My wedding had been shanghaied by Randolph's mom and cousin, Rachel and Marge, who might not have been fans of mine, but they loved making our wedding the most talked about event in years. The blur of time has helped me forget some of the over-the-top parts but their ill-suited wardrobe choices remains etched in my brain to this day. They really weren't out to make me look good, but protest my mere presence with their ugly dresses.

I mean look, the crown prince of their clan wed without their approval and I wasn't even anywhere near their choice. I found that out over time. I was pleased my family wedding dress took Randolph's breath away because I look back and know that probably began the cold war between us all. I didn't pick some off the rack chiffon and frilly dress, but something elegant and timeless -- a family heirloom. I still like the way that dress made me feel.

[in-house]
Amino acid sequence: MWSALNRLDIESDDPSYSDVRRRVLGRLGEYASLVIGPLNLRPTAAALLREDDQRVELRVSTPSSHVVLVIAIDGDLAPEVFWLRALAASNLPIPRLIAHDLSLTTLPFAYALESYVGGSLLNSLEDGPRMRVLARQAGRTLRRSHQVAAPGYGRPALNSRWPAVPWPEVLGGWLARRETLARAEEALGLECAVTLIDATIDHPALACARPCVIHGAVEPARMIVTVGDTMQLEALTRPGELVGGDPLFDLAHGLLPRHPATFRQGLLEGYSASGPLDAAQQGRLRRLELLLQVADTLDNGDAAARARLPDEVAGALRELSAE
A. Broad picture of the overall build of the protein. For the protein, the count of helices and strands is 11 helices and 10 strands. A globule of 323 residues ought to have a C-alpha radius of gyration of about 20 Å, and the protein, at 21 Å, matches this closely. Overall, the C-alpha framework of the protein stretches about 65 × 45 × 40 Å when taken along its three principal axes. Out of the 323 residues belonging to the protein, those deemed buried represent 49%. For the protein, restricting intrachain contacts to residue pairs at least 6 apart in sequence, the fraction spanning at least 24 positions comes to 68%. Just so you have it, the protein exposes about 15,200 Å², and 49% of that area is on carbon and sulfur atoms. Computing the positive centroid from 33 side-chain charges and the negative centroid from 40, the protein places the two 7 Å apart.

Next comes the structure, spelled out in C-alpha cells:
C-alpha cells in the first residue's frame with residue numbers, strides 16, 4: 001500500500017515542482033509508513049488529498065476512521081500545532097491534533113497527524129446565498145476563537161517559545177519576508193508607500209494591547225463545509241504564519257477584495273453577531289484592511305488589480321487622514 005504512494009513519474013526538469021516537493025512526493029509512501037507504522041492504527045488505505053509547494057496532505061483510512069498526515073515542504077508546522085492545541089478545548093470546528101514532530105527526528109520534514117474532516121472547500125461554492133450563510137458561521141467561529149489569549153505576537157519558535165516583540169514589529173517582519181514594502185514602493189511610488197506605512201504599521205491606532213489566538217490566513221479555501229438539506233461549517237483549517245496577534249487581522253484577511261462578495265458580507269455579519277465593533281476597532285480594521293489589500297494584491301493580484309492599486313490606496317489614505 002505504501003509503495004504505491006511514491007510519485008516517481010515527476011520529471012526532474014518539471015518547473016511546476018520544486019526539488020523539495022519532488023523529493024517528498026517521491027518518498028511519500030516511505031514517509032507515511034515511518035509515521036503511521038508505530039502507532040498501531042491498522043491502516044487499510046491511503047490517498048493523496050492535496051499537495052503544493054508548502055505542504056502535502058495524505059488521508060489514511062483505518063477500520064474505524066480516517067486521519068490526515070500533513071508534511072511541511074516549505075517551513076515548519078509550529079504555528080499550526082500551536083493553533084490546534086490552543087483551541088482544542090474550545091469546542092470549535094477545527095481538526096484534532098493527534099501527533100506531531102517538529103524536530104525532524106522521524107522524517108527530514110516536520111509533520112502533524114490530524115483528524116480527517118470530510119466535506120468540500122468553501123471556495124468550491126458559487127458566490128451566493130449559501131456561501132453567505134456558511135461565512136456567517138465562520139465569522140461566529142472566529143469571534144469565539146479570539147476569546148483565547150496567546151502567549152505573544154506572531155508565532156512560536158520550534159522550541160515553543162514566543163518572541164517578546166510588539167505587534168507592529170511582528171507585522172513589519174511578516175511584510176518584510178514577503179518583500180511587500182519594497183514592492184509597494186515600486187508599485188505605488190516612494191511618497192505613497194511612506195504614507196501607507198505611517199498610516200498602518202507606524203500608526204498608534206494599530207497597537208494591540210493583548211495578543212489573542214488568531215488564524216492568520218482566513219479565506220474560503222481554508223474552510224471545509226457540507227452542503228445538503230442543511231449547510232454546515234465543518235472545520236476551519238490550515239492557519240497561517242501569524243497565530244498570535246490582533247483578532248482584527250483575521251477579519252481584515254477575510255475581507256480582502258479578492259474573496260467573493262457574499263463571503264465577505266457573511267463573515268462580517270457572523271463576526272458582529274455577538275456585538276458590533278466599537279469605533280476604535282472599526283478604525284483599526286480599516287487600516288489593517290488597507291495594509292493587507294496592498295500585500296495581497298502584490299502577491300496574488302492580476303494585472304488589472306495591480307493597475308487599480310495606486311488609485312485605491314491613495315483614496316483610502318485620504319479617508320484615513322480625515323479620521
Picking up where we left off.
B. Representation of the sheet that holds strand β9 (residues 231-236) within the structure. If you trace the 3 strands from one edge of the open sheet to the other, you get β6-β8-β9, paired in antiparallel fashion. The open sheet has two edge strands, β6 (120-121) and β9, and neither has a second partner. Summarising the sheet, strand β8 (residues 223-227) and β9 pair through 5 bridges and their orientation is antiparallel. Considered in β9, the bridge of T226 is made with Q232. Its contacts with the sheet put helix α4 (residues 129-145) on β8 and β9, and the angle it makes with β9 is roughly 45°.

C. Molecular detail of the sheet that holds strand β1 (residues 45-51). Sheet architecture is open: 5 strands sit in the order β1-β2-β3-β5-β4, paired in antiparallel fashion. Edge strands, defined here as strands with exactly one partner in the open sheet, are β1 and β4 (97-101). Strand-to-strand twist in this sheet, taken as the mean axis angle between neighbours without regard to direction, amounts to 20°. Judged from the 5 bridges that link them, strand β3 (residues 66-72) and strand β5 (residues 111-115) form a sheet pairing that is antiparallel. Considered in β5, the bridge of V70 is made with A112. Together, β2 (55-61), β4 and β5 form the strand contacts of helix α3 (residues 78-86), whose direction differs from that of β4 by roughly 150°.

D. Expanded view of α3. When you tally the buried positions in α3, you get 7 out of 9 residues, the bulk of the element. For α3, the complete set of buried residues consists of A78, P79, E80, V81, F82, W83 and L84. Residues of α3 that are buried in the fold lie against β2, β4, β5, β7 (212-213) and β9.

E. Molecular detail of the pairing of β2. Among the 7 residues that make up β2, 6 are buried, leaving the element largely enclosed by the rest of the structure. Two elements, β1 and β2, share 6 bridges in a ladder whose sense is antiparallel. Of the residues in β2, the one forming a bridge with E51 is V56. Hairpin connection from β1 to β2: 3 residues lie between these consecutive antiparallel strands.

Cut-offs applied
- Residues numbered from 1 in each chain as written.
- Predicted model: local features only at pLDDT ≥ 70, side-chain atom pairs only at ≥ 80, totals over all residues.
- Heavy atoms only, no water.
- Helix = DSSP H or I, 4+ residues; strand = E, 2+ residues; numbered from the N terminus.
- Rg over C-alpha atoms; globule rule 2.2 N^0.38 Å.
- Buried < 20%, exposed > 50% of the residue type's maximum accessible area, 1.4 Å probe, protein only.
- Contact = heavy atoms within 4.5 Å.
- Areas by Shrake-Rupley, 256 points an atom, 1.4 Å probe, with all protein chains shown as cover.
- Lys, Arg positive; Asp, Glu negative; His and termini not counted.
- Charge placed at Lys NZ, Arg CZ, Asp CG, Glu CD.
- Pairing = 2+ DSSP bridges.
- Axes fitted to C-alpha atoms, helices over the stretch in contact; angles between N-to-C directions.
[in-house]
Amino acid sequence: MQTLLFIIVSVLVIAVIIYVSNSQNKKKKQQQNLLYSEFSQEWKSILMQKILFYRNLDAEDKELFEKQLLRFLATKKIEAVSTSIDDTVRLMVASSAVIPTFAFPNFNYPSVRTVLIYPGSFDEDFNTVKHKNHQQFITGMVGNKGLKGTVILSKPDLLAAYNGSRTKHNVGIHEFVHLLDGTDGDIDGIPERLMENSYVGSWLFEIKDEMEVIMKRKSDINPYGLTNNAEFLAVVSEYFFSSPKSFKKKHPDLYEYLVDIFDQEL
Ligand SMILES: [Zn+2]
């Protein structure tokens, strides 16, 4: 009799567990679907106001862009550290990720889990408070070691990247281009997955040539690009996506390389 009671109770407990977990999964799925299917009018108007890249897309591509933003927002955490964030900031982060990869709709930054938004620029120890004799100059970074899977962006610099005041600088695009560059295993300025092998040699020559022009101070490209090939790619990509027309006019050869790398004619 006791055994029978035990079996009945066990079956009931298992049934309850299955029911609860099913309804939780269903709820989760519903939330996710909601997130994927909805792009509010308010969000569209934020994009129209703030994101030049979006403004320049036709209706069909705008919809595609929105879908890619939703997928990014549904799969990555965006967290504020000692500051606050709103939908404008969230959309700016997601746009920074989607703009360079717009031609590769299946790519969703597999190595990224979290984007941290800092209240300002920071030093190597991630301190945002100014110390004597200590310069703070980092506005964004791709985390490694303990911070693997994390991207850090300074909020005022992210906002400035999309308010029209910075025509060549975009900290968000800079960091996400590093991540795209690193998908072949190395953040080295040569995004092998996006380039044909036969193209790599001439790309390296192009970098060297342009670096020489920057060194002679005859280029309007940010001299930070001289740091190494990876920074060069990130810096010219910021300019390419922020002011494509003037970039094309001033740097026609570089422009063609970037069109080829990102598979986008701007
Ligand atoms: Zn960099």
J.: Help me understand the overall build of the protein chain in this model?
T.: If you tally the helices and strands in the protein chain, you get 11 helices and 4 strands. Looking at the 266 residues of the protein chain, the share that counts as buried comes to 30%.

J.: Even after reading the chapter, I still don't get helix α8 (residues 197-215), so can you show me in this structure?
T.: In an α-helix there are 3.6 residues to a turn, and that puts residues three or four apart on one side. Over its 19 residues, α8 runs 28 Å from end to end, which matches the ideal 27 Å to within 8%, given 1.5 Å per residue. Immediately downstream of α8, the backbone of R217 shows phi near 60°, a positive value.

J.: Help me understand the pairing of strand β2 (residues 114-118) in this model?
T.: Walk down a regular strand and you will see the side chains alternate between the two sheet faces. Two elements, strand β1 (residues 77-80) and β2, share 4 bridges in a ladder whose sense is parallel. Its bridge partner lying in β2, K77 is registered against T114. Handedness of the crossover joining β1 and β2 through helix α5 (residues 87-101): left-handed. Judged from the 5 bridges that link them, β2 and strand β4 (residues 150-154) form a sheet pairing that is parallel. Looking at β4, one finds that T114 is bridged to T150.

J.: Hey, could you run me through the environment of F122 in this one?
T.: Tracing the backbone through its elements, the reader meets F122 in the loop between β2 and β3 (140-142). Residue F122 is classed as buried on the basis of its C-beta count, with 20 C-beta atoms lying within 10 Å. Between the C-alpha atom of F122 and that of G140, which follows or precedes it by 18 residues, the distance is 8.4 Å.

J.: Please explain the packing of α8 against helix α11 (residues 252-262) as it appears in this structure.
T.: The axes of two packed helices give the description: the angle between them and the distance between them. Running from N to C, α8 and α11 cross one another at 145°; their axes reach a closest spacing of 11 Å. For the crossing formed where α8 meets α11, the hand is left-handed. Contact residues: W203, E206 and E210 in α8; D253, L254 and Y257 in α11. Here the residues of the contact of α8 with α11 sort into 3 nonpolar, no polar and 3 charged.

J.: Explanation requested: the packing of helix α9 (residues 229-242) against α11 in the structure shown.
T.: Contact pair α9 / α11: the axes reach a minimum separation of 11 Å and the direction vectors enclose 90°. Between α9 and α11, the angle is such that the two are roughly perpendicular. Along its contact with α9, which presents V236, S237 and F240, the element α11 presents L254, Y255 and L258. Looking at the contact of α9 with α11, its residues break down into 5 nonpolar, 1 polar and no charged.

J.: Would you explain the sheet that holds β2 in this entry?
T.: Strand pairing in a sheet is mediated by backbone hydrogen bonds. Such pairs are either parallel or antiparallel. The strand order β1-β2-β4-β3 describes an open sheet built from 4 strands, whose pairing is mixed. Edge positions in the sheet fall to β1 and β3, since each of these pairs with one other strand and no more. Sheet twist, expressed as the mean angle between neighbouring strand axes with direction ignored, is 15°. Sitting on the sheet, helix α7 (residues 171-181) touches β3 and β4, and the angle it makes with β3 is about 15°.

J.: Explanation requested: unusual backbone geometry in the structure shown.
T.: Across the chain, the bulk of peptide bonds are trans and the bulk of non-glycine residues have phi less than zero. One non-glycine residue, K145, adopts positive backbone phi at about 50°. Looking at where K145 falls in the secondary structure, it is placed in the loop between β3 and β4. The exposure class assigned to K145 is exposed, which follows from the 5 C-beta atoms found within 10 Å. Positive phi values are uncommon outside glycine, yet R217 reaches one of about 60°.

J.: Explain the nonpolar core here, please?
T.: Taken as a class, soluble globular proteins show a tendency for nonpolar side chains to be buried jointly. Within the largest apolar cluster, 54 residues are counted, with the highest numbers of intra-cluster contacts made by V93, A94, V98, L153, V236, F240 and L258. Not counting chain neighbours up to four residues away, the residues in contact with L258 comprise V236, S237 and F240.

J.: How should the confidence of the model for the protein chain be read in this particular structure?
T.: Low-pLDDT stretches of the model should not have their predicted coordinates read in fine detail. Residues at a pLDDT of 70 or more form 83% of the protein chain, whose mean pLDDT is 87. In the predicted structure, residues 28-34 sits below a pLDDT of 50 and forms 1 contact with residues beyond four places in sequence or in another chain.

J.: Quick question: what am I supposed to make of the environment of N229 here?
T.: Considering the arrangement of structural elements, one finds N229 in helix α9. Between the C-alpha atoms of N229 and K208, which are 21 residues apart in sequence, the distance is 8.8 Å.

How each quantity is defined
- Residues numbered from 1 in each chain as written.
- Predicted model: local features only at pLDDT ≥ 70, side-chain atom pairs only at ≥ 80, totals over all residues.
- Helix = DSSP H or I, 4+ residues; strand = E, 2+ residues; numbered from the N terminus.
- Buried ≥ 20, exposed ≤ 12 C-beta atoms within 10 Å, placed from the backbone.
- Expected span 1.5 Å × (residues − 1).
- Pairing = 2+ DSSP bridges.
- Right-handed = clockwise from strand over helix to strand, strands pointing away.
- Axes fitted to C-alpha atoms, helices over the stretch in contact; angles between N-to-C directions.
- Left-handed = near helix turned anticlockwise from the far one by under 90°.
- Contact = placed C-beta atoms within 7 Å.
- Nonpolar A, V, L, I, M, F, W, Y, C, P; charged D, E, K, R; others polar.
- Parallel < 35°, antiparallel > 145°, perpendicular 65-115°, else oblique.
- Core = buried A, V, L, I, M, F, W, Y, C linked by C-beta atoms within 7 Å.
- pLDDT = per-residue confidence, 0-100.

When I headed out to my honeymoon with my new husband I was a rarity. We hadn't slept together before our marriage. Randolph always had been gracious and well mannered with me. I never felt any sexual urges towards him, but was committed to being married. Randolph had religious background of some sort. Yet, as far as I knew, he didn't go to any church or formal service. I, on the other hand, had been raised with little to no formal religion. My parents had been free spirits and didn't force me to go to any structured service as a child. Since they died in an automobile accident before I turned sixteen, I never found any reason to chase any faith. Their deaths jaded me to the whole structure. The accident was due to another's inability to see the road in an alcoholic haze. The driver was sent to prison for deaths. Even with that, I was left feeling angry and anti- any form of religion promoting a caring, loving deity.